So long as you’re showing progress on the final work, you can decide how much of your internal process you’re willing to expose. The fact that you’re creating a design system to produce the final product is really of no concern to them; it’s simply a decision your team is making to create better work.
It’s essential to establish a solid visual direction for the project, so how does a visual designer do that without burning a ton of time on up-front high-fidelity comps? That’s the question that designer Samantha Warren answered when she created style tiles, a deliverable that’s more tangible than a mood board but not as high-fidelity as a fully baked comp.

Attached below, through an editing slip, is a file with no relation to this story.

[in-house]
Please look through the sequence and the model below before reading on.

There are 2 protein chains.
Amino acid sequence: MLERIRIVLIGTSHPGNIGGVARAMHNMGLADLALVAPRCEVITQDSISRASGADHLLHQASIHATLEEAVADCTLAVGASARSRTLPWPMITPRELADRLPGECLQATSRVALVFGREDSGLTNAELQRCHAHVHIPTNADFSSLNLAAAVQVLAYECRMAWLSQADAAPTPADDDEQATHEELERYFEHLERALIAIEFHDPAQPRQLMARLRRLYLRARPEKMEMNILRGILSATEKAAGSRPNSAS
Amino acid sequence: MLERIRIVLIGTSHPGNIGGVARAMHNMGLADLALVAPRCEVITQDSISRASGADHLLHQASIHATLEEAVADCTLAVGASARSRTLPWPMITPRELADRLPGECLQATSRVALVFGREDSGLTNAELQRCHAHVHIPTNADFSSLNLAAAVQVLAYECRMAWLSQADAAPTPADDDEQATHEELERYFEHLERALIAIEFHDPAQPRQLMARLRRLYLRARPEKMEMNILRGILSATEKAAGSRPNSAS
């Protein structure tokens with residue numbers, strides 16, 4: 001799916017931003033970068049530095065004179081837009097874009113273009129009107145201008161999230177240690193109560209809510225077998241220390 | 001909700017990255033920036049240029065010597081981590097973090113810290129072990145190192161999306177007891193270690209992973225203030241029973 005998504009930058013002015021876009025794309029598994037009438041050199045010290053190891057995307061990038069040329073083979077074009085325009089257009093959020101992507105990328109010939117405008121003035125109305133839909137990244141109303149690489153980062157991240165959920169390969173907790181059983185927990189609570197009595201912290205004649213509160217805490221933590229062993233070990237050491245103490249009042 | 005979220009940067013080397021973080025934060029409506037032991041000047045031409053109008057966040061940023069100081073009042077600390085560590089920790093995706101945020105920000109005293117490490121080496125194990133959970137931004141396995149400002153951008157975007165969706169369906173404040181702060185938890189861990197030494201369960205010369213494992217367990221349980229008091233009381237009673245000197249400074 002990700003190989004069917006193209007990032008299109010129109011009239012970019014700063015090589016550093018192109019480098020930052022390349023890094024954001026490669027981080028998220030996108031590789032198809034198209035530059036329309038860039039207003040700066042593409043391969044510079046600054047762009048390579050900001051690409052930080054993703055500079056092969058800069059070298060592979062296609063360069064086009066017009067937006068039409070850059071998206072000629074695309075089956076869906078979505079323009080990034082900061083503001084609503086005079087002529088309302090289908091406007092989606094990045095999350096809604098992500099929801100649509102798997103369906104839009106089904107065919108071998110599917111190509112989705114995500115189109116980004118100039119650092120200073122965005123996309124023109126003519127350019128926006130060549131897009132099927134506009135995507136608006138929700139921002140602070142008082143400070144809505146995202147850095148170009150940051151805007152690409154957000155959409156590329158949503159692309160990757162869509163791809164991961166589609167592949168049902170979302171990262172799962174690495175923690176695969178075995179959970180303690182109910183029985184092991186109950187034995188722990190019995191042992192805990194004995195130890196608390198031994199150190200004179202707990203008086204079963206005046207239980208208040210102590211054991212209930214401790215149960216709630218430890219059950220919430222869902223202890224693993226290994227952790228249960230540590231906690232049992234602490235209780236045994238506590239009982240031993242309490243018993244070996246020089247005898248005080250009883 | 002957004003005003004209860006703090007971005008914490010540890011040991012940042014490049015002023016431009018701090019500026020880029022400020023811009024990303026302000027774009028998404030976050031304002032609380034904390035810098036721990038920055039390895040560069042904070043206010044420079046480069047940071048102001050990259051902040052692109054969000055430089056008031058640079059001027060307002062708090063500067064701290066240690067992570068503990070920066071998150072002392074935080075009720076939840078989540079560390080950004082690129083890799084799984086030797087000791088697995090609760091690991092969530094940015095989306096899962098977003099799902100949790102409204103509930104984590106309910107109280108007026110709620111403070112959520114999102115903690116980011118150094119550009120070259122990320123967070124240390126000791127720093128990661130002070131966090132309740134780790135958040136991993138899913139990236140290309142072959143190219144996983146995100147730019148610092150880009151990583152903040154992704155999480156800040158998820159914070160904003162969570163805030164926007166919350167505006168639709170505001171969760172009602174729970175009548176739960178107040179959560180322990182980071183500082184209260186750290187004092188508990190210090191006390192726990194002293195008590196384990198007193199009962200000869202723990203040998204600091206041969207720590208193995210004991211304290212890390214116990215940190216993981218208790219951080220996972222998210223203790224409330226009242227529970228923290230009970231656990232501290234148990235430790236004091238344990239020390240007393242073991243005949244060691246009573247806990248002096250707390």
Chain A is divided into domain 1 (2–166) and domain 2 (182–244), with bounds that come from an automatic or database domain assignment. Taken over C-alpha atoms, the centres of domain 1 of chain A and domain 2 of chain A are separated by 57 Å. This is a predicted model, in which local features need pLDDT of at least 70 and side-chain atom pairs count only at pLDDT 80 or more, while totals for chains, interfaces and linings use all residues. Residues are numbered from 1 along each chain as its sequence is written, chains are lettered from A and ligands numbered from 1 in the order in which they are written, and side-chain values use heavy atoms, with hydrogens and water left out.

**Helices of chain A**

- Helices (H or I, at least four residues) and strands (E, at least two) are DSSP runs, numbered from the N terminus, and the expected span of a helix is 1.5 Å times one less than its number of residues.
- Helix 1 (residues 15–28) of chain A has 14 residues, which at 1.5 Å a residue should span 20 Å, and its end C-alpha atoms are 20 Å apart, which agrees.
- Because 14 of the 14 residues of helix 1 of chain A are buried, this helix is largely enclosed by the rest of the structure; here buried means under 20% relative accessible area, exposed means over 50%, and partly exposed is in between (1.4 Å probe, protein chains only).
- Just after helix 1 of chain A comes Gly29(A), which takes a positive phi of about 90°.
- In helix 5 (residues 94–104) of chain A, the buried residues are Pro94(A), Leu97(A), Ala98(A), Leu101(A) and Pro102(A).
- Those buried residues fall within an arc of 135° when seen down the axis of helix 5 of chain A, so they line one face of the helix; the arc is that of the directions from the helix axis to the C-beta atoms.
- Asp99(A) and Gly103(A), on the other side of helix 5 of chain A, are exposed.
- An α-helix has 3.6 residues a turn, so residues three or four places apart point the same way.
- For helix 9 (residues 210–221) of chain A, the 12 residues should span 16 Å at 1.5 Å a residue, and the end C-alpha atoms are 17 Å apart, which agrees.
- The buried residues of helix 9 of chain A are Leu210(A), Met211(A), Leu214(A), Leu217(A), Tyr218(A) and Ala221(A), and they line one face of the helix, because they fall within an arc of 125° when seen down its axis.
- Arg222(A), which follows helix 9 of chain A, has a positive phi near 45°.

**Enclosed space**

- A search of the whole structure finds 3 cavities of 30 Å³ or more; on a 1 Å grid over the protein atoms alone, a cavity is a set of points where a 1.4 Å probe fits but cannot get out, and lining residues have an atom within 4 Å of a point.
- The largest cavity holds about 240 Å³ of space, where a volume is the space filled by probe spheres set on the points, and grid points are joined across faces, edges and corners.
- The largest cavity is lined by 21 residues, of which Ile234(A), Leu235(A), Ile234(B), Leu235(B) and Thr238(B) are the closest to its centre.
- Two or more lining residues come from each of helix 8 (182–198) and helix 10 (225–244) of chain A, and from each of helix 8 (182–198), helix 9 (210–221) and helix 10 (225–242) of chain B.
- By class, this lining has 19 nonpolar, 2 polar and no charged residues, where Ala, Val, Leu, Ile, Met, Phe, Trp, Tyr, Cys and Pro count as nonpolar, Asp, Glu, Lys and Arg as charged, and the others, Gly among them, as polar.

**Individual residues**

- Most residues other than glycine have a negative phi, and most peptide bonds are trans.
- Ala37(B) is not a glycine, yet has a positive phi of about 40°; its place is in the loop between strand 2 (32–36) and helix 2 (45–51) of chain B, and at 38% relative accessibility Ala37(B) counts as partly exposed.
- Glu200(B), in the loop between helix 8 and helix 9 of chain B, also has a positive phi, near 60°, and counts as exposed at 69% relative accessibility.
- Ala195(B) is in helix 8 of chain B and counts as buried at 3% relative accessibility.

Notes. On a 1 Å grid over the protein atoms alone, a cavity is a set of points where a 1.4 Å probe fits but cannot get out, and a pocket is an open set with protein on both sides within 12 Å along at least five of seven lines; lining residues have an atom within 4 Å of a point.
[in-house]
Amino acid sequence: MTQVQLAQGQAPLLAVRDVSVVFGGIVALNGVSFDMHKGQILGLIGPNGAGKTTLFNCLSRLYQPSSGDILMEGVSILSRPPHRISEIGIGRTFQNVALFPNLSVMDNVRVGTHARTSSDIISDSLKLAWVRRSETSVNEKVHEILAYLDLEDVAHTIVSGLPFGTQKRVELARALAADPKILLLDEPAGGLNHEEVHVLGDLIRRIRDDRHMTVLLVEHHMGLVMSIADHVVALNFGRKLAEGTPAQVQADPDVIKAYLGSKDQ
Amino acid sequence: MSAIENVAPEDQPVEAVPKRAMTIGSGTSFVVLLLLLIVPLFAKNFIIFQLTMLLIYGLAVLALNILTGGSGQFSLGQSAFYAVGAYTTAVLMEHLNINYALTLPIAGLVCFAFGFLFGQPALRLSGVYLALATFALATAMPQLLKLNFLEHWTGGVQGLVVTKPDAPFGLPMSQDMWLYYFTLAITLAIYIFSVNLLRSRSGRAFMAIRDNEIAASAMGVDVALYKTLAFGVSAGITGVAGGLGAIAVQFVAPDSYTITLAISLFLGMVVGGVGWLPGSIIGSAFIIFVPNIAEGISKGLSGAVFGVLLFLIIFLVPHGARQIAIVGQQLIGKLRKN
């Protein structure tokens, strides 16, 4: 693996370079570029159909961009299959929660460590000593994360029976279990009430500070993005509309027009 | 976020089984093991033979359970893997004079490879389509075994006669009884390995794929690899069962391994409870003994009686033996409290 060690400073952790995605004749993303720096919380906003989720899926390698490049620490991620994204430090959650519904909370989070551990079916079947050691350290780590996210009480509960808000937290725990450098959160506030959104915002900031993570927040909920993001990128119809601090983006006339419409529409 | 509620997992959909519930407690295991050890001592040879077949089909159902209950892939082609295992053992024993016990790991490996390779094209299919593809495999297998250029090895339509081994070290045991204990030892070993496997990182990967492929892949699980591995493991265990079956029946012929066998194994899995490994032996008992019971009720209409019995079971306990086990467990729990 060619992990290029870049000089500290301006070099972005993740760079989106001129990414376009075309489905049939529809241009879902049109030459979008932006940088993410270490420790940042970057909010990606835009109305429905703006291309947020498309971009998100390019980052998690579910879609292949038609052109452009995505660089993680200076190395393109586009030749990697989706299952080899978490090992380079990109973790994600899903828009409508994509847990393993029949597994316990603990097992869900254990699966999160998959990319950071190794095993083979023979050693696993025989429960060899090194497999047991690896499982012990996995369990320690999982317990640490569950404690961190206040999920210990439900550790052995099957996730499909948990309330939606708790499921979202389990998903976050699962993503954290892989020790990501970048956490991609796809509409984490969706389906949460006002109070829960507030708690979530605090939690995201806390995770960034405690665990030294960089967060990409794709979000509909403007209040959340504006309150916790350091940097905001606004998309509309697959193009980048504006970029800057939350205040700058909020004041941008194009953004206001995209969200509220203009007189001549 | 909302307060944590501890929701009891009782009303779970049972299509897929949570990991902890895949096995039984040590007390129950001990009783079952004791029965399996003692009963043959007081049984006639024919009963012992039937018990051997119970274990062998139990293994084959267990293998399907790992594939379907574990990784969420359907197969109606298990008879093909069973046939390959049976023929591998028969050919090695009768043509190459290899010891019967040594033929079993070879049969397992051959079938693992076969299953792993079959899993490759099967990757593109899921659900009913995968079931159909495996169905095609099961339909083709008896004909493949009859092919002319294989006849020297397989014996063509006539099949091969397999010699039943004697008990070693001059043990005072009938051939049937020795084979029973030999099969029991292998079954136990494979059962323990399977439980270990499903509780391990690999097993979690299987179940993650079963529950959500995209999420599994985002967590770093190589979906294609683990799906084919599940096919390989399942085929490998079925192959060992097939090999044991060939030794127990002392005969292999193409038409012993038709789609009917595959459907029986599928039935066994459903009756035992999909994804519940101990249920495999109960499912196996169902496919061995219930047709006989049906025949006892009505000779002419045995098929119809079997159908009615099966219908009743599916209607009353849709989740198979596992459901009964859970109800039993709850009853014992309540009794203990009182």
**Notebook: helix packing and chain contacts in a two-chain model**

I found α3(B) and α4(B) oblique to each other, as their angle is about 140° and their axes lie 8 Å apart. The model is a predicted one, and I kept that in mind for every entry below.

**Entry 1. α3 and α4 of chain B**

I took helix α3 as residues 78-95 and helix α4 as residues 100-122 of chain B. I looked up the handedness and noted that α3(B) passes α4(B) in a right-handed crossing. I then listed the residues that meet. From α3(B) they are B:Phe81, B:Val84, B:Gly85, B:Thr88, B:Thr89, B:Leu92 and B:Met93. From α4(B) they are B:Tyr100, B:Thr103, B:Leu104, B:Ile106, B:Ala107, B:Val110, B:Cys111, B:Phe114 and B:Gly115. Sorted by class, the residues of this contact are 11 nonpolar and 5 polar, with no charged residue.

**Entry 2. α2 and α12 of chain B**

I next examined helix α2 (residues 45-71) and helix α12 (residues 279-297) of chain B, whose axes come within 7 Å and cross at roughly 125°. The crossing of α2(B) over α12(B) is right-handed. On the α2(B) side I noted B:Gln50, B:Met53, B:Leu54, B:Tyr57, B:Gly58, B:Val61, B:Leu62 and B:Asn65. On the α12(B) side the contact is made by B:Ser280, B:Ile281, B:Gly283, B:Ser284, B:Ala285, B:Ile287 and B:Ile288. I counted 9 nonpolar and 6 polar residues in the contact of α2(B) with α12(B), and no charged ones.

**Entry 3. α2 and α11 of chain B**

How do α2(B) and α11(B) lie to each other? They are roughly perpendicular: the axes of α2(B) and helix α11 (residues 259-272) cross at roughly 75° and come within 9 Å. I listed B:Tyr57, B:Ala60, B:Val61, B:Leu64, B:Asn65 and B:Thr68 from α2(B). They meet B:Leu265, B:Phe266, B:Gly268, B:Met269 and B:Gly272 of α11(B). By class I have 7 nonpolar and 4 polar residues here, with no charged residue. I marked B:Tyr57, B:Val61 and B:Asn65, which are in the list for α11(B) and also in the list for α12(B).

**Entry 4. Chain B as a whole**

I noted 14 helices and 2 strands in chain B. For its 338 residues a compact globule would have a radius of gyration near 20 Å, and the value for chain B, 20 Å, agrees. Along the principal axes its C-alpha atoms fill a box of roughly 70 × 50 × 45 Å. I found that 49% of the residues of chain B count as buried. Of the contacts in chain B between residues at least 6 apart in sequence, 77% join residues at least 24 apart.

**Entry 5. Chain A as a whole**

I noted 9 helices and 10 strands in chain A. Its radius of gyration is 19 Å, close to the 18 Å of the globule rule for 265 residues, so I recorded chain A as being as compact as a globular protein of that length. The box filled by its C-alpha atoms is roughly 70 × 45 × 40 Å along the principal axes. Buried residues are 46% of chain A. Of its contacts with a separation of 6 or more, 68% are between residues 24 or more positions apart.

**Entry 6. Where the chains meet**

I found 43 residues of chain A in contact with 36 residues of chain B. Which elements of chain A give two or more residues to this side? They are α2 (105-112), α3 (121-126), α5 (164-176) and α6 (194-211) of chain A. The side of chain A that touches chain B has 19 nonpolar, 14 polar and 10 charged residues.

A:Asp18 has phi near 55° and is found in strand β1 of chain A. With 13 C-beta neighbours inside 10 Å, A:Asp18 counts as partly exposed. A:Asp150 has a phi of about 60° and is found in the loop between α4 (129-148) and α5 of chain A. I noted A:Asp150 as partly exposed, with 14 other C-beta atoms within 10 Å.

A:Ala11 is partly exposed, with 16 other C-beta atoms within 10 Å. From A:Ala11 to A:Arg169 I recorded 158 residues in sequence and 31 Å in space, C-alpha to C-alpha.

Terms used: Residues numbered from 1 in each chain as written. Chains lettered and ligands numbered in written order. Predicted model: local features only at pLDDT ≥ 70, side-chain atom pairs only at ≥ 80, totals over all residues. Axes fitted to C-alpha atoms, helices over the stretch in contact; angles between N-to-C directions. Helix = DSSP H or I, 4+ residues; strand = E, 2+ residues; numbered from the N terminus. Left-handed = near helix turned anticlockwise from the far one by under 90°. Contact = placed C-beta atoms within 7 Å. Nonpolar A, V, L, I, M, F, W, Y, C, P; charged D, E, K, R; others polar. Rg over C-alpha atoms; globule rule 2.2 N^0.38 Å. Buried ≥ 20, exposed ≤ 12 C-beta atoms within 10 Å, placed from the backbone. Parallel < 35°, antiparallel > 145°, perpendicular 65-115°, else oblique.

Folks working in the client services business are often used to delivering a project in a tidy package then riding off into the sunset. Internal teams don’t fair much better, since they tend to float from one initiative to the next. Whether you’re part of an internal team or you’re an external gun for hire, I’m guessing you’ve experienced the shortcomings of project-based work. We tend to talk about a future that never comes, and instead we set it, forget it, then move on to the next shiny project.
Designers, developers, and people working in other disciplines want to work for organizations that embrace modern digital best practices, and (as we’ve discussed throughout this book) design systems are quickly becoming an industry-wide best practice. Publishing your style guide sends out a strong Bat-Signal that can attract passionate, pattern-minded people.
Autor: Brad Frost